Tuesday, August 19, 2014

New Toy - Vintage Kenmore Rotary Sewing Machine!

Hi Friends!

One thing to love about the tag sale season - sometimes when the sales are over, people still have awesome stuff that they want or need to get rid of.

This amazing machine was left on the side of the road with a 'free' sign on it.   I tell you it made my weekend!    This is a Kenmore-Franklin Rotary Electric sewing machine, boys & girls, Model E6354, circa 1948.  (There is a little plate on the inside of the cabinet with 'another' model number printed on it (think more of a newest type designator as Sears made these machines from the late 30's to mid 50's)  that allowed me to find the year, thanks to this Sears Sewing Machine Archive page. )


Check out the 40's Industrialness of it....   It's angular lines and lack of decoration are quite a departure from the previous generations of machines.   As with many war-era items and slightly thereafter, there was a stark practicality to them.   








For comparison, here is my 1930 Singer model 66 "Red Eye" machine.  This one, like many that came before it, was pretty. Even if you didn't sew much, this thing would look lovely sitting in a corner.

In the twenties and early thirties, even the most pedestrian of household objects were ornately detailed.   (note the radiator below from the 20's. Utilitarian?  not in the least)  Going into the late thirties we start to see cleaner lines, less frills, and  more technological influence.
 
1920's radiator
closer details of my Singer sewing machine
Sewing machine close-up: Even the end plate is fancy!



So the 1948 Kenmore-Franklin Rotary machine seemed to be in excellent condition.  I decided to plug it in and see what happened.   But where was the foot pedal?  It didn't seem to be a hand crank machine, and despite much searching, I couldn't figure it out.  I was beginning to think that maybe it had a separate plug in foot pedal that had gotten lost over the years.   But wait....  There was this fold out lever on the bottom of the machine.  It seemed to have a tensiony spring to it.  So I plugged the machine in, and pushed the lever to the right - Voila!  we have lift-off!   The lever is actually supposed to be operated by your knee, so when you are sitting, you just lean your knee over to the right to make it go.  The needle went up and down pretty smoothly.  After a few minutes, there was a faint electrical smell so I decided to unplug it before the seventy year old wiring went up in flames.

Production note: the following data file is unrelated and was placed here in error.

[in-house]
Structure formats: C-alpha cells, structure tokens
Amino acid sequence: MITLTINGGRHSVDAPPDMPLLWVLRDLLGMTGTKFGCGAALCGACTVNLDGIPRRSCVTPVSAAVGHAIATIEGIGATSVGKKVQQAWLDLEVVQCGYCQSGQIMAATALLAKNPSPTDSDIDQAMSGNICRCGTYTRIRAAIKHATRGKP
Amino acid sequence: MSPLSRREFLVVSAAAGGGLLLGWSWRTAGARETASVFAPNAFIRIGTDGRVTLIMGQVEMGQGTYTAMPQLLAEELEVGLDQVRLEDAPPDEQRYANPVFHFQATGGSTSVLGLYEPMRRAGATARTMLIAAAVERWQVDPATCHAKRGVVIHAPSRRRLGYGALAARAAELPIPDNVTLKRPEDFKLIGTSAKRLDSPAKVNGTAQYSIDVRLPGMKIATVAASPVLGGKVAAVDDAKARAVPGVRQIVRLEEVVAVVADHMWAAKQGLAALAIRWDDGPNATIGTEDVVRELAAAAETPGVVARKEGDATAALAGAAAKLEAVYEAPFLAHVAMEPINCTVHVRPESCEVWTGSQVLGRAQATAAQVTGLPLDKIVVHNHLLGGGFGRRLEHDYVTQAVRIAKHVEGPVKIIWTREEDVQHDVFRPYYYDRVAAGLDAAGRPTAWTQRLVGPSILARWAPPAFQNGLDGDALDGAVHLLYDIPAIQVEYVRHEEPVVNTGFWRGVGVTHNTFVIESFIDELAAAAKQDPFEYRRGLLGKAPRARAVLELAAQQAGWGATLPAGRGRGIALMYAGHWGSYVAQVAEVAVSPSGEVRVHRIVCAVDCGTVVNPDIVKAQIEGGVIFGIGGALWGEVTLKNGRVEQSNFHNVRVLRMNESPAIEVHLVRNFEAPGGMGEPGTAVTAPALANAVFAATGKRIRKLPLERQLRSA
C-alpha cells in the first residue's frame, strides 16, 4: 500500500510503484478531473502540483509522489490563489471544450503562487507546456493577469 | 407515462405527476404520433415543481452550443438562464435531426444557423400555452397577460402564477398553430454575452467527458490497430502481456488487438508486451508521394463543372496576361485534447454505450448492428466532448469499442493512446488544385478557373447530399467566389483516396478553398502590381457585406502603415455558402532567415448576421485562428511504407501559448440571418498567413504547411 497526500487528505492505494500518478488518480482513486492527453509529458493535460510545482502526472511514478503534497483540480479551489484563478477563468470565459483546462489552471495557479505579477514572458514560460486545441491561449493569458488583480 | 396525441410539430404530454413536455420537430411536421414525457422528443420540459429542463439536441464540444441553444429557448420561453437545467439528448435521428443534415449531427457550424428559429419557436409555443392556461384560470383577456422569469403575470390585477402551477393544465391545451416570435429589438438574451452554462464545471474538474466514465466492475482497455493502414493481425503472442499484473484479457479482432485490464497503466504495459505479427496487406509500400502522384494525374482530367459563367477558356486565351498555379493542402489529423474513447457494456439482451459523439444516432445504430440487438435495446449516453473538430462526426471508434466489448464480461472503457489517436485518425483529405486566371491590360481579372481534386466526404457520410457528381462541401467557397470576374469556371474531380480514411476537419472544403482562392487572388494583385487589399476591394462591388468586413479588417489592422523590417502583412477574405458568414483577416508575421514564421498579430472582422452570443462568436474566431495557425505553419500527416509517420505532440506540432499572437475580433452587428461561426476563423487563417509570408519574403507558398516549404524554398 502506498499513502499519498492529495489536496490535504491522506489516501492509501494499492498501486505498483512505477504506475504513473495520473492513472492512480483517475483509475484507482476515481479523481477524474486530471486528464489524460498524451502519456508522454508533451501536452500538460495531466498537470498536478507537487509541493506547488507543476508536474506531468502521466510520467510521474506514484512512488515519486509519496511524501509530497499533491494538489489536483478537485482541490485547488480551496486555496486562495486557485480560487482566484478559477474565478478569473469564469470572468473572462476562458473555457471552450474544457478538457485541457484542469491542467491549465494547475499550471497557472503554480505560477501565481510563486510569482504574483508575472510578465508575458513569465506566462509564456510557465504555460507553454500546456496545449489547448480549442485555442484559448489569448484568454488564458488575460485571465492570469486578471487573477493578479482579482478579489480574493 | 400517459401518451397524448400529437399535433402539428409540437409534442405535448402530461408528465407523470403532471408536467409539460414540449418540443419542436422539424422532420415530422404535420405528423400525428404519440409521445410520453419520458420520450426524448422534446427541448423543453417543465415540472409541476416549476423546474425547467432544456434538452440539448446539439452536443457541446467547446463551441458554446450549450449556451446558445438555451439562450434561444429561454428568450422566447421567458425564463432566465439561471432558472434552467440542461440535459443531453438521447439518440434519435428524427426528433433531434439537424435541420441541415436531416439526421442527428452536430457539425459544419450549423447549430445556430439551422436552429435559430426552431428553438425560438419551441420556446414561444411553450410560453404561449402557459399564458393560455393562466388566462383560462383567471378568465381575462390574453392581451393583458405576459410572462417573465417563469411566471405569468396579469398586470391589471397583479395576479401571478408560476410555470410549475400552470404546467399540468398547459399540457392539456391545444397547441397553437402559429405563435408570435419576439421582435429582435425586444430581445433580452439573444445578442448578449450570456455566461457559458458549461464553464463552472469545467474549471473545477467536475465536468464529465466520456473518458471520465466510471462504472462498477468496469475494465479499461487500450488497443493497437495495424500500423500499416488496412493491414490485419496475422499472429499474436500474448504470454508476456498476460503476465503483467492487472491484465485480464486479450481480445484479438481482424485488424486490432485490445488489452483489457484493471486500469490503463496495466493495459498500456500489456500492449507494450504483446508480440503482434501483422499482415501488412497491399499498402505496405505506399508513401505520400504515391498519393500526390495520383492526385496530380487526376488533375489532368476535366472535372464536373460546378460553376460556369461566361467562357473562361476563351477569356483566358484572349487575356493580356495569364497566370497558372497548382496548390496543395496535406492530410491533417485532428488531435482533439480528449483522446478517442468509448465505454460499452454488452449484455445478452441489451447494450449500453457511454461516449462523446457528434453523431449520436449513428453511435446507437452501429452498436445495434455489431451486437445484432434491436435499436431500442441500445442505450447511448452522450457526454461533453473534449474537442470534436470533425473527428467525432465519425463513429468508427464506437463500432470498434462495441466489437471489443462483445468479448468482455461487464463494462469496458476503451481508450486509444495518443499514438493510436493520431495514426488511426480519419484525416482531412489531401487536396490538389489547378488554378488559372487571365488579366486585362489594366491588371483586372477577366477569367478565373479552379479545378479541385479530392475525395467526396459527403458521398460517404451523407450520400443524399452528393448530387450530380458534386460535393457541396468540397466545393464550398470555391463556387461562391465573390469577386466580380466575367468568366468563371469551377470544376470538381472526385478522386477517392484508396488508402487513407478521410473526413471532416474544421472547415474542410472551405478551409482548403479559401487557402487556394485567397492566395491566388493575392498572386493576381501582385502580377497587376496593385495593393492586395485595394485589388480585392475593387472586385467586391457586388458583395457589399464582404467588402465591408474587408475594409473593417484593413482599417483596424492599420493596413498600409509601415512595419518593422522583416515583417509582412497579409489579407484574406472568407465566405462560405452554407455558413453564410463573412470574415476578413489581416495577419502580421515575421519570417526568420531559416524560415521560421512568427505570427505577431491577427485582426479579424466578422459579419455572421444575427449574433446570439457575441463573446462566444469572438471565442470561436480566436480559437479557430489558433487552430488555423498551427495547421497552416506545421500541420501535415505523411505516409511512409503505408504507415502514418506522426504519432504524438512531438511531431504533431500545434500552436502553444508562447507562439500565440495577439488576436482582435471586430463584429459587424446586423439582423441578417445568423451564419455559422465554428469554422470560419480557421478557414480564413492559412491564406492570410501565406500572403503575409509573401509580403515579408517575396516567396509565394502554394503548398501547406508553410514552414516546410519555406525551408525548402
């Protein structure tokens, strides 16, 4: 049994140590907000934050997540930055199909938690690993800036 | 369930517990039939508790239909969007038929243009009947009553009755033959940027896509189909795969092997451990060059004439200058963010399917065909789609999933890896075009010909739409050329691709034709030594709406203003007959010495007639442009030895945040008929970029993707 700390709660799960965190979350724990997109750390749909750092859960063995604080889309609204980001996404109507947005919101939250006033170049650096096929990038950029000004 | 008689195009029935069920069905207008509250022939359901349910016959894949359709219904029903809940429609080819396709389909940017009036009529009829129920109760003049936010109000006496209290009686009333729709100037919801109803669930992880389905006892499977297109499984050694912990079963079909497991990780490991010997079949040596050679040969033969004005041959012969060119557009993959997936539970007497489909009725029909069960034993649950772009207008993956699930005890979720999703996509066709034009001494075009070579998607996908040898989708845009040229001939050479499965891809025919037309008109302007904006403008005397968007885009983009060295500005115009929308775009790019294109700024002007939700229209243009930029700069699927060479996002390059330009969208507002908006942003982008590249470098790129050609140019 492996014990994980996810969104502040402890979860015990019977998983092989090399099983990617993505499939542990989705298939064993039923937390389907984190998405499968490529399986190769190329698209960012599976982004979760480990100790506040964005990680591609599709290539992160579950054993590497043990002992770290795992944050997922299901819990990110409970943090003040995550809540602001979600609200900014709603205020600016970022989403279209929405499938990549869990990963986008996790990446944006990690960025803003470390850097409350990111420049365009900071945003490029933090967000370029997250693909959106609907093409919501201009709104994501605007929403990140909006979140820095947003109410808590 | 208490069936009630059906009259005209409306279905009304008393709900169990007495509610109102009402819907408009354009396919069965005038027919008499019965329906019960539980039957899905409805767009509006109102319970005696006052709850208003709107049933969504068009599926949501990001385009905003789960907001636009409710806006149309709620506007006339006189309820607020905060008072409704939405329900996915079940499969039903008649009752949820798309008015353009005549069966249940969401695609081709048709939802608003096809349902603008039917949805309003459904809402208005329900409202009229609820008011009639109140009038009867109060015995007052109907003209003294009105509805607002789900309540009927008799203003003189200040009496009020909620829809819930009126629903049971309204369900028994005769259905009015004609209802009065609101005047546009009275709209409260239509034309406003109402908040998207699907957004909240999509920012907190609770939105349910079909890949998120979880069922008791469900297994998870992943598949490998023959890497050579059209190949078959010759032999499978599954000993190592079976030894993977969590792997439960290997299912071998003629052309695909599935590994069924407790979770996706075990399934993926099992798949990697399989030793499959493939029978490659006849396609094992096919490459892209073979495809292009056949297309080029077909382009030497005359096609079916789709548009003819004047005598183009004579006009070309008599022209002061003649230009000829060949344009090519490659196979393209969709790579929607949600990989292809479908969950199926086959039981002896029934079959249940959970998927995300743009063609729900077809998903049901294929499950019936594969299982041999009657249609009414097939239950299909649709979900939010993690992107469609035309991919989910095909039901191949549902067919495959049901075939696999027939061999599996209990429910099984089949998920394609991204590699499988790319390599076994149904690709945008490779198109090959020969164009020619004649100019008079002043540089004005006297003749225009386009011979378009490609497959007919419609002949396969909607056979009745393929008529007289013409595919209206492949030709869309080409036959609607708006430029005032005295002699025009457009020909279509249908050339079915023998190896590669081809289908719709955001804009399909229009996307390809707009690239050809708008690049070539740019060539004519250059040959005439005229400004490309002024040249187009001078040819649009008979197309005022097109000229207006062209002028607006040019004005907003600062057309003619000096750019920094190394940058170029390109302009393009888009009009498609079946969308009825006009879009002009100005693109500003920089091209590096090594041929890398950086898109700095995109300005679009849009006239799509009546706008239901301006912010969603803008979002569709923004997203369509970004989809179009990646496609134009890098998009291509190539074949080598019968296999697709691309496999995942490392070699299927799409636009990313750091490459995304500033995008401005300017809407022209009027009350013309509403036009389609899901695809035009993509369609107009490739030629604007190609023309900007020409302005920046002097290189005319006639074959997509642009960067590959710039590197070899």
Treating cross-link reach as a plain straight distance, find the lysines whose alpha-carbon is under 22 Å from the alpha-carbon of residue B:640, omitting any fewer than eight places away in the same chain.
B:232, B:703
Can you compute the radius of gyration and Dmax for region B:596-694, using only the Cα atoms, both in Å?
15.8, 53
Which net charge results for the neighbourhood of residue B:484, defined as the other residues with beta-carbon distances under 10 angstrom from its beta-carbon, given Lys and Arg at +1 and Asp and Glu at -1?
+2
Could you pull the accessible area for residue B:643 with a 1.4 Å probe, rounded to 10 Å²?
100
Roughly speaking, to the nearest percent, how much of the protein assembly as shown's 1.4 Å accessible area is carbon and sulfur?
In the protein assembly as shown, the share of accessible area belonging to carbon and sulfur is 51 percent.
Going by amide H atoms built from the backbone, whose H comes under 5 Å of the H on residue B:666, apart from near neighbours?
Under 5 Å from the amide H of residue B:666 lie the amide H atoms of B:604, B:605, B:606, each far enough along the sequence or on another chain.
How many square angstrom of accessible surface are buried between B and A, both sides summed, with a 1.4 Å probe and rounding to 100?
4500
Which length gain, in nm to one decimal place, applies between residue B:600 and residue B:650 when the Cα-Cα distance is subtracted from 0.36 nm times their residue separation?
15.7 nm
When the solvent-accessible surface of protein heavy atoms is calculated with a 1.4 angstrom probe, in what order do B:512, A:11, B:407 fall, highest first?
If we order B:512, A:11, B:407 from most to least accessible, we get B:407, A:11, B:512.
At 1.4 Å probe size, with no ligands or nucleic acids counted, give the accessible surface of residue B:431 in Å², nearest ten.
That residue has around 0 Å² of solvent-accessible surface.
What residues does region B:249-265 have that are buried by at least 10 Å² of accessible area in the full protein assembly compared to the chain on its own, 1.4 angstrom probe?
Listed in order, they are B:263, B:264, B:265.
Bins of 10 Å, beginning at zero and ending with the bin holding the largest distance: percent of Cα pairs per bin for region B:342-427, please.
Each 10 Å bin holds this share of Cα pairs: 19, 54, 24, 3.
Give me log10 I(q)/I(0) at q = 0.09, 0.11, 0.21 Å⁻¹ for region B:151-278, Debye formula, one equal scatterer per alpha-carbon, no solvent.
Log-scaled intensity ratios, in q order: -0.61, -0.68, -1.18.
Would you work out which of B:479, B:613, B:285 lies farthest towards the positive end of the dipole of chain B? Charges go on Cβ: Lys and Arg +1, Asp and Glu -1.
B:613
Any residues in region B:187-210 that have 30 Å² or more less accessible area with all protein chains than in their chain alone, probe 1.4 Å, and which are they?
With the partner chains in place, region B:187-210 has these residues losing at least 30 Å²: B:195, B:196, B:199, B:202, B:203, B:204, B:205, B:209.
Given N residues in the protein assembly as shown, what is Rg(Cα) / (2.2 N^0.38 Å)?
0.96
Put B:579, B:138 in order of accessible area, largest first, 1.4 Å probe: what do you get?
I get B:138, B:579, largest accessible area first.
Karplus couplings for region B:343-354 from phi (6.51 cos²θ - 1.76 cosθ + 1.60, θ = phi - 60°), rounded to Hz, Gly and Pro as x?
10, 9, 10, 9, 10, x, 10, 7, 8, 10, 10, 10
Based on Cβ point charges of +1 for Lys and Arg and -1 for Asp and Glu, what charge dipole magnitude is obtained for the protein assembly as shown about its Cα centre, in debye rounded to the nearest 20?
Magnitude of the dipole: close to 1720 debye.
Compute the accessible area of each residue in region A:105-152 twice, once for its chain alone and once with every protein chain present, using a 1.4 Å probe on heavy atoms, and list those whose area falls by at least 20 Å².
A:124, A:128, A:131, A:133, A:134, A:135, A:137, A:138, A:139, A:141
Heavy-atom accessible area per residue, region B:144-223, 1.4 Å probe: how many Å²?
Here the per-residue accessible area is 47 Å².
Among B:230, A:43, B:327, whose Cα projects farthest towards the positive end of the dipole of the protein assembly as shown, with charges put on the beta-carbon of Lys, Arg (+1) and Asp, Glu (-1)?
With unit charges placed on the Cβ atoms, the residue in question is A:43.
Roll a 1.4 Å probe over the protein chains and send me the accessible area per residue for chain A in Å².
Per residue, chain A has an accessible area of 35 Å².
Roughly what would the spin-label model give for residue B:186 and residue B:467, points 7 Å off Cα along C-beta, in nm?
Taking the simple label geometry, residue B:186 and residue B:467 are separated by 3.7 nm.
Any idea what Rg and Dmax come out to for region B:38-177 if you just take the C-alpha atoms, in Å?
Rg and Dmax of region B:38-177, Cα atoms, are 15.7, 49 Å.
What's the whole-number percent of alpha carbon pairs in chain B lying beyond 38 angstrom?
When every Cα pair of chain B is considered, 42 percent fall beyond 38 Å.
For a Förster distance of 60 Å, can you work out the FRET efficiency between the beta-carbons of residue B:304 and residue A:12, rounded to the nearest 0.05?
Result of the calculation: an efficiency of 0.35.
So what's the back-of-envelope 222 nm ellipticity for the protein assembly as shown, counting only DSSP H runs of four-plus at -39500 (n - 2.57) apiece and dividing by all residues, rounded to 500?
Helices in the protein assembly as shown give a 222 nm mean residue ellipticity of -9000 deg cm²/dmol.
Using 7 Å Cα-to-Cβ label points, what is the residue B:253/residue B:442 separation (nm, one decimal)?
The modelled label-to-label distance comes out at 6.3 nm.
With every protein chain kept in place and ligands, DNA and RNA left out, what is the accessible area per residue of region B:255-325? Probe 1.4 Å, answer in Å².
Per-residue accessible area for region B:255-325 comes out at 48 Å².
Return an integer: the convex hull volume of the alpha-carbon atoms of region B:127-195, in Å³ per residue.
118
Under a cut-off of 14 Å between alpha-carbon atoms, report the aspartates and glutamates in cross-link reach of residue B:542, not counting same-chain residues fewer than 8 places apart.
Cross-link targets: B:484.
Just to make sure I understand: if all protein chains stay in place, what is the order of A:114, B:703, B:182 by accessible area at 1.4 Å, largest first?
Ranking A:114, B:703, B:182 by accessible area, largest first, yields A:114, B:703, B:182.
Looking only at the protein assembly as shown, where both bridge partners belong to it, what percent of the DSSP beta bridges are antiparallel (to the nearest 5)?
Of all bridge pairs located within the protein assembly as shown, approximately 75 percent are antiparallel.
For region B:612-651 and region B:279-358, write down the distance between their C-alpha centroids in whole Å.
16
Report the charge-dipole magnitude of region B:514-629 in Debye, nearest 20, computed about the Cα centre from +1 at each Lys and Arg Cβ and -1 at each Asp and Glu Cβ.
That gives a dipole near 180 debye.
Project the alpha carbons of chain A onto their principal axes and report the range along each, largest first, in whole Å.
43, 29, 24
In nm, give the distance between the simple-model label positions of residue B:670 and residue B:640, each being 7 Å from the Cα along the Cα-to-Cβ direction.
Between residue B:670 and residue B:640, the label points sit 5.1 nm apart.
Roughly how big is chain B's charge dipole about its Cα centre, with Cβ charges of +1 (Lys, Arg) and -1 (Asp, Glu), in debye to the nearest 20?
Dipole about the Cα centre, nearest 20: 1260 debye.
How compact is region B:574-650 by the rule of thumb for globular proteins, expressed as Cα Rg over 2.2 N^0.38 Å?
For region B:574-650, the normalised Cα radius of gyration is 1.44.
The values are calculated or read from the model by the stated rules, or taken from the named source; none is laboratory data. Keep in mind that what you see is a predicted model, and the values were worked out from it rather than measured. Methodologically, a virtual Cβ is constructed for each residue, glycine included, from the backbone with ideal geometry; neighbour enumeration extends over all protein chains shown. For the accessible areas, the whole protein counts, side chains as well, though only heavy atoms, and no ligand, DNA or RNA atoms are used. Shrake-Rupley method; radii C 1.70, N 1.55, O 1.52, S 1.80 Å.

See that long metal thing in the center of the picture?  That's a lever.


Alas,  I am well aware that most vintage sewing machines aren't very valuable.  I found an interesting article here that talks about that.    I have a very beautiful treadle machine that I bought it at an antique mart about 20 years ago for $40 and today it's probably only worth $42.    However, it is quite a beautiful piece and it makes me happy.  I  currently have it in storage, but I will get it out soon and put some photos up here for everyone to see.    Also, Vintage Machines are a bit of a 'white elephant' item.  Most of the older machines are an actual piece of furniture that you actually have to find a place for in your house, and they are very heavy at that.  Unless they are into sewing, few people want to make room for them. 

Here is a link to  Sears sewing machine history if you should have interest in the lineage of Sears machines.  I currently sew on a Kenmore from the 1970's that was my Mom's.   I have had two new machines over the past several years, but both broke in a matter of a year or two so I keep coming back to my faithful Kenmore.  A few tension problems aside,  it is a wonderful machine.

Here are some other pictures of the 1948 machine's bits and pieces:

I have laid out here a modern size bobbin (3/4" diameter)
 alongside the ones that go with this machine (1" diameter). I do not know if that was the
standard size for all machines back then, or if each manufacturer would have there own sized ones. Luckily this
machine had several extra bobbins!

This is the bobbin winder, found beneath the wheel. On most Modern machines they are on top.


It came with a whole box of attachment goodies and spare bobbins


So, do you have any vintage machines? what kind? Have you ever tried sewing on them?
Comment below! I'd love to hear from you.

Thanks for reading,
xo Yvonne


1 comment:

  1. Kenmores are the best! Can't beat the old ones - built to last. I think that is true of a lot of modern day machines though "built-in-obsolescence" don't make them like they used to.

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